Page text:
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Brownstones lux-townhouse site offered up for sale; will denser residential or a parking lot follow?

A few years back, nothing could get the hackles up of many Trinity Park residents as fast as the controversy over the old McPherson Hospital site -- both the Main and Watts parcel that holds the remnants of the historic old institution, and the parking lot across the street behind Papa John's Pizza that served the site.

Bye-bye-brownstones Mind you, folks were agitated on both sides of the equation on the onetime boutique hotel and condo project proposed for the site. Some neighbors opposed the project over concerns of the proposed density of a condominium building to be known as The Chancellory, with opposition increasing after the "boutique hotel" site was sold after entitlement approvals to a Raleigh firm that develops Marriott properties nationwide.

Other residents supported the project, including the fairly dense condo proposal, as bringing more residents and life to the near-downtown area and helping in turn to drive demand for local businesses, and as being similar in size and scale to multifamily projects like the Beverly Apartments that formerly existed on the site.

The Chancellory condo project came to naught in its circa-2007 form, rejected after a long controversy with the adjacent Trinity Park neighborhood. In its place came the luxury townhouse project known as The Brownstones, which itself hit the market right before the housing market crashed later in 2008.

A proposed Residence Inn by Marriott seems to be moving forward on the McPherson Hospital site itself. But whither the Brownstones?

Withered, perhaps. Developer Lou Goetz has the property listed for sale on LoopNet for $1.25 million, in a land-only transaction.

And in an interesting twist, Goetz notes that recent Durham ordinance changes -- those, we presume, that followed the recent changes to downtown zoning -- now allow "unlimited density" by right.

The $1.25 million question: will a buyer take advantage of changes in downtown zoning and seek to build a larger residential project here? Or will the highest and best use of the land be in support of the hotel across the street?

Brownstones-tp

First, a little history.

Goetz's proposed Chancellory condo project would have, as initially designed, reached seven stories in some sections; that was scaled back in later designs, but the height and size (more than 30 units on a .8 acre lot) was still anathema to some, even though Trinity Park is home to pockets of build-up like the Governor Apartments, itself purported to be the densest site in Durham.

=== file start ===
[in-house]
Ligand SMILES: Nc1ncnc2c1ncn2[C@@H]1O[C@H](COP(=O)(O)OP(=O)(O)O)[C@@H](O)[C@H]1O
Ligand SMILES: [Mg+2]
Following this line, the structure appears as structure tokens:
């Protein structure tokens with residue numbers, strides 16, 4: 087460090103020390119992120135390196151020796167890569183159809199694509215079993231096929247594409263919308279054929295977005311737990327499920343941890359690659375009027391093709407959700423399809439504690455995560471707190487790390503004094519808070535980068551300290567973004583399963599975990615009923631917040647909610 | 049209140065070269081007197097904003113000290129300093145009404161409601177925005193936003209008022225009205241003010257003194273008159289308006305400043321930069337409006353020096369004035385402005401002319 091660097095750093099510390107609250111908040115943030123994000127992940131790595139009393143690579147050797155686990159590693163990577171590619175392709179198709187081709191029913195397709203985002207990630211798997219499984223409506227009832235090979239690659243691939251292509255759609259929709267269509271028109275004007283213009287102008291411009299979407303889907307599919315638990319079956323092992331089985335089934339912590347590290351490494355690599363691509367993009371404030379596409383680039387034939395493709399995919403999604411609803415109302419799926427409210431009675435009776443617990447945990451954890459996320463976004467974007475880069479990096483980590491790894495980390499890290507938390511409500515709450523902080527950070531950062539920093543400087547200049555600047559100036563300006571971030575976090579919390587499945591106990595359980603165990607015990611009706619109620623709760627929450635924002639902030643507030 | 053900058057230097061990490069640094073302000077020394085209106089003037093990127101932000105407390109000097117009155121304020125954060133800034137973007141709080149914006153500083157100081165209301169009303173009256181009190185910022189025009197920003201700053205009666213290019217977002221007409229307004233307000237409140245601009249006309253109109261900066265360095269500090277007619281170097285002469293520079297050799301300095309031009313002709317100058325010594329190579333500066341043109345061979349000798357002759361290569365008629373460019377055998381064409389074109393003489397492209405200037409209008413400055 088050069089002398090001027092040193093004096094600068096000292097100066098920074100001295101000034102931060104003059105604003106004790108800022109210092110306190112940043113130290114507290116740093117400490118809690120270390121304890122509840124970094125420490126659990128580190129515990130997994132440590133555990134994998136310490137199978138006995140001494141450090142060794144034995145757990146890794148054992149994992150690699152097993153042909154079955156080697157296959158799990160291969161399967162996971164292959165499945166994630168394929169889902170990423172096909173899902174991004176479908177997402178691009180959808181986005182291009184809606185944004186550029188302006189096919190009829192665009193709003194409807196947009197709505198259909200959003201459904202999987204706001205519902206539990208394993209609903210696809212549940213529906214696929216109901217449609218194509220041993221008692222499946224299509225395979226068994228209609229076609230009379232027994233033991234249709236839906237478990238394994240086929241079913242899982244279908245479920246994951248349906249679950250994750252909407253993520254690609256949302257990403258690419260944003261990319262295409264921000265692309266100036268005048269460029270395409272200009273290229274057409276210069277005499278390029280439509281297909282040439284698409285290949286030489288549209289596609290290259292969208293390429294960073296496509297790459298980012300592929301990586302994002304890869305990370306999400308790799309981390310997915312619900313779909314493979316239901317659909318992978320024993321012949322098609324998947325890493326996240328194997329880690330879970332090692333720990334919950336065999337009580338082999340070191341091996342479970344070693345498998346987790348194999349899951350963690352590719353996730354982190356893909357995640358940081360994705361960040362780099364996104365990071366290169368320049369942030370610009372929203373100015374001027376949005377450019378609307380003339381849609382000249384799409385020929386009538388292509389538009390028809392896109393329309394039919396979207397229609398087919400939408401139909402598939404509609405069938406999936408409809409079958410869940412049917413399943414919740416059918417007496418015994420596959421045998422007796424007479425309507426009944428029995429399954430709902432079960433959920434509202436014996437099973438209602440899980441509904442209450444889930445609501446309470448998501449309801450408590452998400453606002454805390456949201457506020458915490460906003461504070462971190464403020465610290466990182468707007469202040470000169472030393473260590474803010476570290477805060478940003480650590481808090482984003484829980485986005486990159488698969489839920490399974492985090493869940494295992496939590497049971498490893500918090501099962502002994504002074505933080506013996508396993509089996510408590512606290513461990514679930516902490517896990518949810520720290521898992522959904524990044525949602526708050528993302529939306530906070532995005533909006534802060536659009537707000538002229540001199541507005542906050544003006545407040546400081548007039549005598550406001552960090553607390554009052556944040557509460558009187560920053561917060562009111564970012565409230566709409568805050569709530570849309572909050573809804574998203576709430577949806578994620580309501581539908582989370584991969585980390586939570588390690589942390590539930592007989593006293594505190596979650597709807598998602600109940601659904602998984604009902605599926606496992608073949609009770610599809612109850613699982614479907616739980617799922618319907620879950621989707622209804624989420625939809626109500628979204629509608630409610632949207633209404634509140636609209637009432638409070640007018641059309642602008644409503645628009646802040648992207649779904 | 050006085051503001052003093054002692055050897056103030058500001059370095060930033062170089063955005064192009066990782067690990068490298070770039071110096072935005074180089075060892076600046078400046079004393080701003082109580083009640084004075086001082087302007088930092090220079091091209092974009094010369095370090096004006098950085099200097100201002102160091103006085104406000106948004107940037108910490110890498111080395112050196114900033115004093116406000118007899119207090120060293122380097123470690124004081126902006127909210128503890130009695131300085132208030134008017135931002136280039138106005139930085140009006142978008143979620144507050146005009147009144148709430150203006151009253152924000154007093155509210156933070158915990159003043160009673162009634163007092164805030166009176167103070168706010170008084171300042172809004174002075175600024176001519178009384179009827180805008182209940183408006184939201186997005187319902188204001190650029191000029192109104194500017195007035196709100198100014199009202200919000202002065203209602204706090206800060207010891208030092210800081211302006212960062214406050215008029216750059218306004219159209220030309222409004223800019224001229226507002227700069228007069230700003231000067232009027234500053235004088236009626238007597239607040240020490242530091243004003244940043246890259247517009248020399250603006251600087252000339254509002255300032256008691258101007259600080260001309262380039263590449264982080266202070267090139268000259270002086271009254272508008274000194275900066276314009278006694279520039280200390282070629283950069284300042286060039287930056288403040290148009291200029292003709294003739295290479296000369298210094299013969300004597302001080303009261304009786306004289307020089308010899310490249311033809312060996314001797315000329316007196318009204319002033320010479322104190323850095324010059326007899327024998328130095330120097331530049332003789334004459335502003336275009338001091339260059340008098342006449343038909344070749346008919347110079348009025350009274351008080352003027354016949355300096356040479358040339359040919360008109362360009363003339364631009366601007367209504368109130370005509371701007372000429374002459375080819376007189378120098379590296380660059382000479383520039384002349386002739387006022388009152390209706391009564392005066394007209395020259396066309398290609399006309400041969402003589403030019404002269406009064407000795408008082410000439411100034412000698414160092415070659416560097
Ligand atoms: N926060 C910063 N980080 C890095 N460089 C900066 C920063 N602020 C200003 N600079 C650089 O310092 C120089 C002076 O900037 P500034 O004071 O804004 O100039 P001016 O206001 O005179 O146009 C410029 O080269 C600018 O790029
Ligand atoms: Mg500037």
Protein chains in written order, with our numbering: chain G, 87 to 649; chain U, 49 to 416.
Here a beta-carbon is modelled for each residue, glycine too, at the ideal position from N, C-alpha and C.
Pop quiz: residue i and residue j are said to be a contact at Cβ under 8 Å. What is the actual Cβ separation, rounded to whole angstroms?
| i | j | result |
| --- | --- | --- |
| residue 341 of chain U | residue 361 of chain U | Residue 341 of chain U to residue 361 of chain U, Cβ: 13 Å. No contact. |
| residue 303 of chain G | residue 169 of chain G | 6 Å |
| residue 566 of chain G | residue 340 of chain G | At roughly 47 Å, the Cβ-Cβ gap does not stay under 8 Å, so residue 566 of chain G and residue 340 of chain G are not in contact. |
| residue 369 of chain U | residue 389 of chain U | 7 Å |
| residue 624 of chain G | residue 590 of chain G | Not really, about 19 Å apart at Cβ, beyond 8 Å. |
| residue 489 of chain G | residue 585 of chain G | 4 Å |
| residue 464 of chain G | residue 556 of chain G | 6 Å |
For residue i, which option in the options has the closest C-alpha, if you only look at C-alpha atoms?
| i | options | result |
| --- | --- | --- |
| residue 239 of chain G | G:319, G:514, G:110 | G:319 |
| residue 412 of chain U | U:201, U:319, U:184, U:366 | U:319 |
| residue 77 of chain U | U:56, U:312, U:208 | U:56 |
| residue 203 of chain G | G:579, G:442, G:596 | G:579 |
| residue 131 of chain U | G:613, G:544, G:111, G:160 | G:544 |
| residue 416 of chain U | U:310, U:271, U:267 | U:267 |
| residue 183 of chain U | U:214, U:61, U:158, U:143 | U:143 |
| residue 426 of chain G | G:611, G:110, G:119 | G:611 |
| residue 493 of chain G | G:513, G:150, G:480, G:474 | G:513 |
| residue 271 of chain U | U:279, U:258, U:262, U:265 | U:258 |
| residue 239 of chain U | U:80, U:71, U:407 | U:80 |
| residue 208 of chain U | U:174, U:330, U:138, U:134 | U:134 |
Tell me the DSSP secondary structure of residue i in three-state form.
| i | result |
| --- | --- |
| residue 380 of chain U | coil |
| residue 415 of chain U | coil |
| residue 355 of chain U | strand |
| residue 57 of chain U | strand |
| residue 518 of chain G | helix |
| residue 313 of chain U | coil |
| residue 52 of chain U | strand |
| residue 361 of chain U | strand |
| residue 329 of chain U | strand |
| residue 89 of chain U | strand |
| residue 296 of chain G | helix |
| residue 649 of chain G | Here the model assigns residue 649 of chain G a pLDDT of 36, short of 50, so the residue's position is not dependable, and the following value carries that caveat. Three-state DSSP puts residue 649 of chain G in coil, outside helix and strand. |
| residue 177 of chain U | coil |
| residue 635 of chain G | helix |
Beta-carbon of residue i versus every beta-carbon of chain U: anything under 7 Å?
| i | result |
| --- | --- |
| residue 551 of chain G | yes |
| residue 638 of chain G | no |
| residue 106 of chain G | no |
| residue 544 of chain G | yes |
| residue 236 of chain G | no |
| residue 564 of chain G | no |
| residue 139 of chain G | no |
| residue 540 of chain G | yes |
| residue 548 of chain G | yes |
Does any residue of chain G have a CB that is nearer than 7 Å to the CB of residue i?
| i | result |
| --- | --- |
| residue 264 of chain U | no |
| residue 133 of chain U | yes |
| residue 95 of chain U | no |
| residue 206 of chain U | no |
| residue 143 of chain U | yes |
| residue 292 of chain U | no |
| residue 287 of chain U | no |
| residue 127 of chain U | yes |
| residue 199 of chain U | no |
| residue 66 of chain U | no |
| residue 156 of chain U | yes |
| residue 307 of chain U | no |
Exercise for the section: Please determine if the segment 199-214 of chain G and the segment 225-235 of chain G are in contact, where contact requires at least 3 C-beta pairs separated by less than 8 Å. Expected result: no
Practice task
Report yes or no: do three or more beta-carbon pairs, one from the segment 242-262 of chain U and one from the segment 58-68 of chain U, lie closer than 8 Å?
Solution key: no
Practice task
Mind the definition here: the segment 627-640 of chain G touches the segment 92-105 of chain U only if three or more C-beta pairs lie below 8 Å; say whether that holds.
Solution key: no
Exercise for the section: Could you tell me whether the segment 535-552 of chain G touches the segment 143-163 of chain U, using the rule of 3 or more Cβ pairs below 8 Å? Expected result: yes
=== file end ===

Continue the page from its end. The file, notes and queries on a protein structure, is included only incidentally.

The Durham Board of Adjustment rejected height and density permits for the site back in 2007, limiting the site developer to a smaller-scale project on the site -- 13 units maximum, by right, without having to go through the public hearing process.

And a year later, Goetz filed plans with the City for a 13 unit luxury townhome community on the site, to be known as The Brownstones.

When we say luxury, we mean "luxury" -- there's a reason the developer chose names like the Gramercy for the floor plans. The units were sized at 3,000 square feet-plus, with initial pricing from $850,000 to over $1 million.

Ah, but the heady days of summer 2008 were followed soon thereafter by the financial crash and the fall of Wall Street. (Well, fall until they were bailed out by TARP, but the big banks had to sweat it out months -- months! -- waiting to get their bonuses back.)

Anyhow, marketing of the Brownstones has continued for the past two years, with the website now listing "pre-construction pricing" starting at $675,000. (Hey, Goldman Sachsers... you can get a luxury townhouse in Durham for less than a studio in TriBeCa!)

And the property website is still live -- but so, too, is an entry at LoopNet, the popular commercial real estate listings site, with Lou Goetz of Park City Development listed as the contact for the sale.

From the web site:

The property is an existing parking lot, that at one time was limited to 13 residential units. The City of Durham ordinance has changed and now allows an unlimited density. Could be used for either apartments or condos and will need parking below the building. Property is adjacent to the Duke University Campus, one block from Brightleaf Sq., a retail center of shops and restaurants, and within the Trinity Park Neighborhood, a beautiful Urbanist walkable neighborhood of tree lined streets and renovated and restored large homes.

The location could be the best in Durham, which has recently been cited as the #1 place in the USA to invest in Real Estate by the Wall Street Journal (8/21/10), also the #1 place in the country to retire by Money Magazine (9/2010), one of the 41 places in the worls to visit in 2011 by The New York Times (1/16/11)